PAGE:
• Jr. Member
  • **
  • Posts: 40
    • View Profile
What happens to matter that isn't vibrating?
« Reply #54 on: 21/05/2010 02:51:21 »
relatively speaking, the faster an object moves is used to describe the relative kinetic energy increase proportional to speed.
Can not the relative atomic density times the speed of the vibration of particles also determine potential kinetic energy?
 

Offline JP

  • Neilep Level Member
  • ******
  • Posts: 3366
  • Thanked: 2 times
    • View Profile
What happens to matter that isn't vibrating?
« Reply #55 on: 21/05/2010 08:10:48 »
Taking a guess at a formula to describe this theory...probably need help to refine it....

energy = matter, condensed squared right?
e=mc2

The c in that equation is the speed of light.  The proper form of that equation is
E2=mc2-p2c2,
where p is the momentum of the matter.

Quote
e=mc2=DxV

where D is atomic density and V is Vibration, and mc2 describes the atomic level; while DxV describes particles at the sub atomic level.

You're welcome to propose a new theory like this, but if you want anyone in the scientific community to accept it, you'll need to show how it agrees with existing theory and extends it to describe new phenomena.  I'm not sure these equations do either, since there isn't a scientifically demonstrated relationship between this density you're talking about and energy.
« Last Edit: 21/05/2010 08:15:12 by JP »
 

Offline UndergroundRisingUnited

  • Jr. Member
  • **
  • Posts: 40
    • View Profile
What happens to matter that isn't vibrating?
« Reply #56 on: 22/05/2010 02:30:30 »
yes, but there is also the factor of the big bangs residual effects which accounts for matter dispersal.
(1/0)?
where was the big bang?
 

Offline UndergroundRisingUnited

  • Jr. Member
  • **
  • Posts: 40
    • View Profile
What happens to matter that isn't vibrating?
« Reply #57 on: 22/05/2010 03:33:54 »
Instead of gravity made from dark matter, the vibration of the element is what repels and attracts at a subatomic level.

gravity is there, but weaker than vibration!
 

Offline Bored chemist

  • Neilep Level Member
  • ******
  • Posts: 8655
  • Thanked: 42 times
    • View Profile
What happens to matter that isn't vibrating?
« Reply #58 on: 22/05/2010 16:52:57 »
I understand the problems in defining the density of an atom, yet hypothetically the density should be able to determined by the quantity of particles in a given space.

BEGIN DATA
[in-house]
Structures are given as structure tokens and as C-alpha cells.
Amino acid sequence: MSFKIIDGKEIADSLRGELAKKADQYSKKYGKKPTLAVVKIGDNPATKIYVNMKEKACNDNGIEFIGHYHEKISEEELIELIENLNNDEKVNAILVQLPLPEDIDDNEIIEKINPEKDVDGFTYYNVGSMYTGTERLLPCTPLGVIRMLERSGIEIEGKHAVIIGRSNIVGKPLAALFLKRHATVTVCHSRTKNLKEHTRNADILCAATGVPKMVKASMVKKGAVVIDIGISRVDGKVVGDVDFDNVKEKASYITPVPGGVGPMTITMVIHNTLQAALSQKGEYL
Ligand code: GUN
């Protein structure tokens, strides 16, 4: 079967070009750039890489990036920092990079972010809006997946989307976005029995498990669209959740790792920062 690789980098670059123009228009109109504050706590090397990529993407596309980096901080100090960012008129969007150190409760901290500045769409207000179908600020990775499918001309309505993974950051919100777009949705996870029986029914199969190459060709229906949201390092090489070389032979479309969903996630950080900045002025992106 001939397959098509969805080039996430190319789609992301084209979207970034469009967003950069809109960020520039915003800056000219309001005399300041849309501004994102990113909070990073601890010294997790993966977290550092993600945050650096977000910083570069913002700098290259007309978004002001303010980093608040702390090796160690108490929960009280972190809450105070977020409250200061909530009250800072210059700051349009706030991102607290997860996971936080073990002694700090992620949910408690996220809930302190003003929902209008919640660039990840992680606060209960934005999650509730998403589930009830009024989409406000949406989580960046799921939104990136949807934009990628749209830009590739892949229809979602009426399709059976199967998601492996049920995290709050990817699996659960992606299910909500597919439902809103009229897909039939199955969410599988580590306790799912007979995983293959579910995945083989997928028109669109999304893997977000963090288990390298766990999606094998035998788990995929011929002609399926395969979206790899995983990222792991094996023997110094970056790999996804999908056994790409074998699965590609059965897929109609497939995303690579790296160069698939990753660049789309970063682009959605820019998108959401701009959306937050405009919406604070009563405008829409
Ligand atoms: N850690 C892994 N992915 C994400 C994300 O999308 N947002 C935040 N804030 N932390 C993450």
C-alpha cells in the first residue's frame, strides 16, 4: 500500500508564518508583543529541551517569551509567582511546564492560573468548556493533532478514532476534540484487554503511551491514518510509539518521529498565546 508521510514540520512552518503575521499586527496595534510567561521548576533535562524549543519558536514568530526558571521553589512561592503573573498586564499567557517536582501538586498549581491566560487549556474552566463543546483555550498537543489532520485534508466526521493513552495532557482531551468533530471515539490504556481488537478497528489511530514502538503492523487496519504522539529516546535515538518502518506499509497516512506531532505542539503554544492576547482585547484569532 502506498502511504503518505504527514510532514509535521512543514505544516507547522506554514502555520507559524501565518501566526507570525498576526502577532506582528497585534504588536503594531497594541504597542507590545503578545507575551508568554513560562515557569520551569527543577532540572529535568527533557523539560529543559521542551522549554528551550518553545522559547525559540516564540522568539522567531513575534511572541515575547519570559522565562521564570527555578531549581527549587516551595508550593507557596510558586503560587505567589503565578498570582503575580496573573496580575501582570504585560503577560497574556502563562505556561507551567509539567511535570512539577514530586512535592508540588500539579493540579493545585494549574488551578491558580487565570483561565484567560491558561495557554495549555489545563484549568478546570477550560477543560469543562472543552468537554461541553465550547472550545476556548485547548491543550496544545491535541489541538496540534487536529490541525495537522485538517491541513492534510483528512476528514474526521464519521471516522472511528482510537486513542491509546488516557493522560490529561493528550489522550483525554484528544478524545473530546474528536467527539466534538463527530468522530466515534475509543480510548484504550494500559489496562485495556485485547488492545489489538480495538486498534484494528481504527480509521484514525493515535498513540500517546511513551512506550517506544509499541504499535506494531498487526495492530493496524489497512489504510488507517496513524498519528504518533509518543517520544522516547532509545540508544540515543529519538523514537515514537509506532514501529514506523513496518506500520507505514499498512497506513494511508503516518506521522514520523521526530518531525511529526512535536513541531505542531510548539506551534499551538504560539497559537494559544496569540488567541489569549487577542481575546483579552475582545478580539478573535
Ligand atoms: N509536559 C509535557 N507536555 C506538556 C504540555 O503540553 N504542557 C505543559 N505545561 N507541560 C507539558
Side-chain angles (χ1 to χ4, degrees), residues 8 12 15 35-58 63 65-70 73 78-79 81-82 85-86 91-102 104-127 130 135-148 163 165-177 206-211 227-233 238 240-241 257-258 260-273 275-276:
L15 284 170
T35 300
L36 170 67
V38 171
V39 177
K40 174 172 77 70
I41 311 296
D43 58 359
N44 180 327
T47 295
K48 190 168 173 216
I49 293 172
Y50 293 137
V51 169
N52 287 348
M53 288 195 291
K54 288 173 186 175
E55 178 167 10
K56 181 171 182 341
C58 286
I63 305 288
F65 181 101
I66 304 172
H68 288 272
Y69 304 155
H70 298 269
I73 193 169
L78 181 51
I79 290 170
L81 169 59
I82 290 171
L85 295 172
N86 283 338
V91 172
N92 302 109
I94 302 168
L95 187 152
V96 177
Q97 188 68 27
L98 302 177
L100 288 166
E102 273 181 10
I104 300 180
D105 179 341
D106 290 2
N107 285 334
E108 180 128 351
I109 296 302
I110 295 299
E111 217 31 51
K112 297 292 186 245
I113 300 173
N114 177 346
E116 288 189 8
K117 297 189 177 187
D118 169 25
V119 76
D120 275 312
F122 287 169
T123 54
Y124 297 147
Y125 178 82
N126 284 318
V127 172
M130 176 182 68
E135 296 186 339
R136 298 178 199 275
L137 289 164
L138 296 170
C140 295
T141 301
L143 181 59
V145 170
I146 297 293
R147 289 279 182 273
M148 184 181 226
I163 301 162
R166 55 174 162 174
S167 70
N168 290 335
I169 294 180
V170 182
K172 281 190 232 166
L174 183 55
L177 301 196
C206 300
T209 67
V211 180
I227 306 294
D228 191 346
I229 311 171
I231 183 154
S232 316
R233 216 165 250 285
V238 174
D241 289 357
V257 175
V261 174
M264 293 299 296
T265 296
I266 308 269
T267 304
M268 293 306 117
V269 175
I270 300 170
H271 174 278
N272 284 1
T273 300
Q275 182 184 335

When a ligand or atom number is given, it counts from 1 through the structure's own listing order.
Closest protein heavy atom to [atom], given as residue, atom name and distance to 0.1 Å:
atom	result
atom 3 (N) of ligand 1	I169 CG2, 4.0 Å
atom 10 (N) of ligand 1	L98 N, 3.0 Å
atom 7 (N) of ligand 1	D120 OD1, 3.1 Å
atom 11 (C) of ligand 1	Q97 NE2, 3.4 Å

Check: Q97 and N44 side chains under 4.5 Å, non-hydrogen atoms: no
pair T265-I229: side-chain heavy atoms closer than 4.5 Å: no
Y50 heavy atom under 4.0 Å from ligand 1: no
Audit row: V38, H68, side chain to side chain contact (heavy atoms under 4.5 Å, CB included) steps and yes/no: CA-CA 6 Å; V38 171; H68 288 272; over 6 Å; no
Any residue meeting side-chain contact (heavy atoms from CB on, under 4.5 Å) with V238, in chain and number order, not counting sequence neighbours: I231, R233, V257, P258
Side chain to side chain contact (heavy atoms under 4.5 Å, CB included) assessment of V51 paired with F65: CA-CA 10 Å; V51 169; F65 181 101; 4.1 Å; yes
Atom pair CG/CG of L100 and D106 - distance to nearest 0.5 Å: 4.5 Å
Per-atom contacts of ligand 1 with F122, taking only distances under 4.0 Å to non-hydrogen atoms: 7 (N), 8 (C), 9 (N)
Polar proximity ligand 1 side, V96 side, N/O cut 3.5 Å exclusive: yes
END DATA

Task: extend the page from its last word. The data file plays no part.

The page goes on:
I imagine such an experiment would have to be on paper, or maybe a computer model, but it would have to determine if fusion can take place at low temperature at high pressure.
If I knew the formulas, I would do the math my self.

BC might contradict me on what I posted above about determining density of a single atom, since he knows his chemistry a lot better than I do.  Let's say you could determine the density of a single atom.  What would you use that number for?  How does fusion come into it?  And black holes?  And what does this have to do with dark matter?  I'm not trying to pick on you here, but I'm confused about how to answer your question and what you're asking about.
Actually, I'm going to make a different point.
Fusion occurs in the sun where the temperature is very high indeed. Under those conditions the hydrogen is practically fully ionised. There are very few atoms and most of those are in very highly excited states so their radii (however you might want to define it) are much bigger than normal.

Yet the fusion goes on.

In general, it's not atoms that fuse; it's their nuclei.
 

Offline UndergroundRisingUnited

  • Jr. Member
  • **
  • Posts: 40
    • View Profile
What happens to matter that isn't vibrating?
« Reply #59 on: 23/05/2010 00:06:03 »
Instead of gravity made from dark matter, the vibration of the element is what repels and attracts at a subatomic level.

gravity is there, but weaker than vibration!

Yep by the theory says, dark matter has mass therefore it has gravity

Are you quoting your statement?
Or
Are you agreeing with my intended change within my interpretation?
 
yes, but there is also the factor of the big bangs residual effects which accounts for matter dispersal.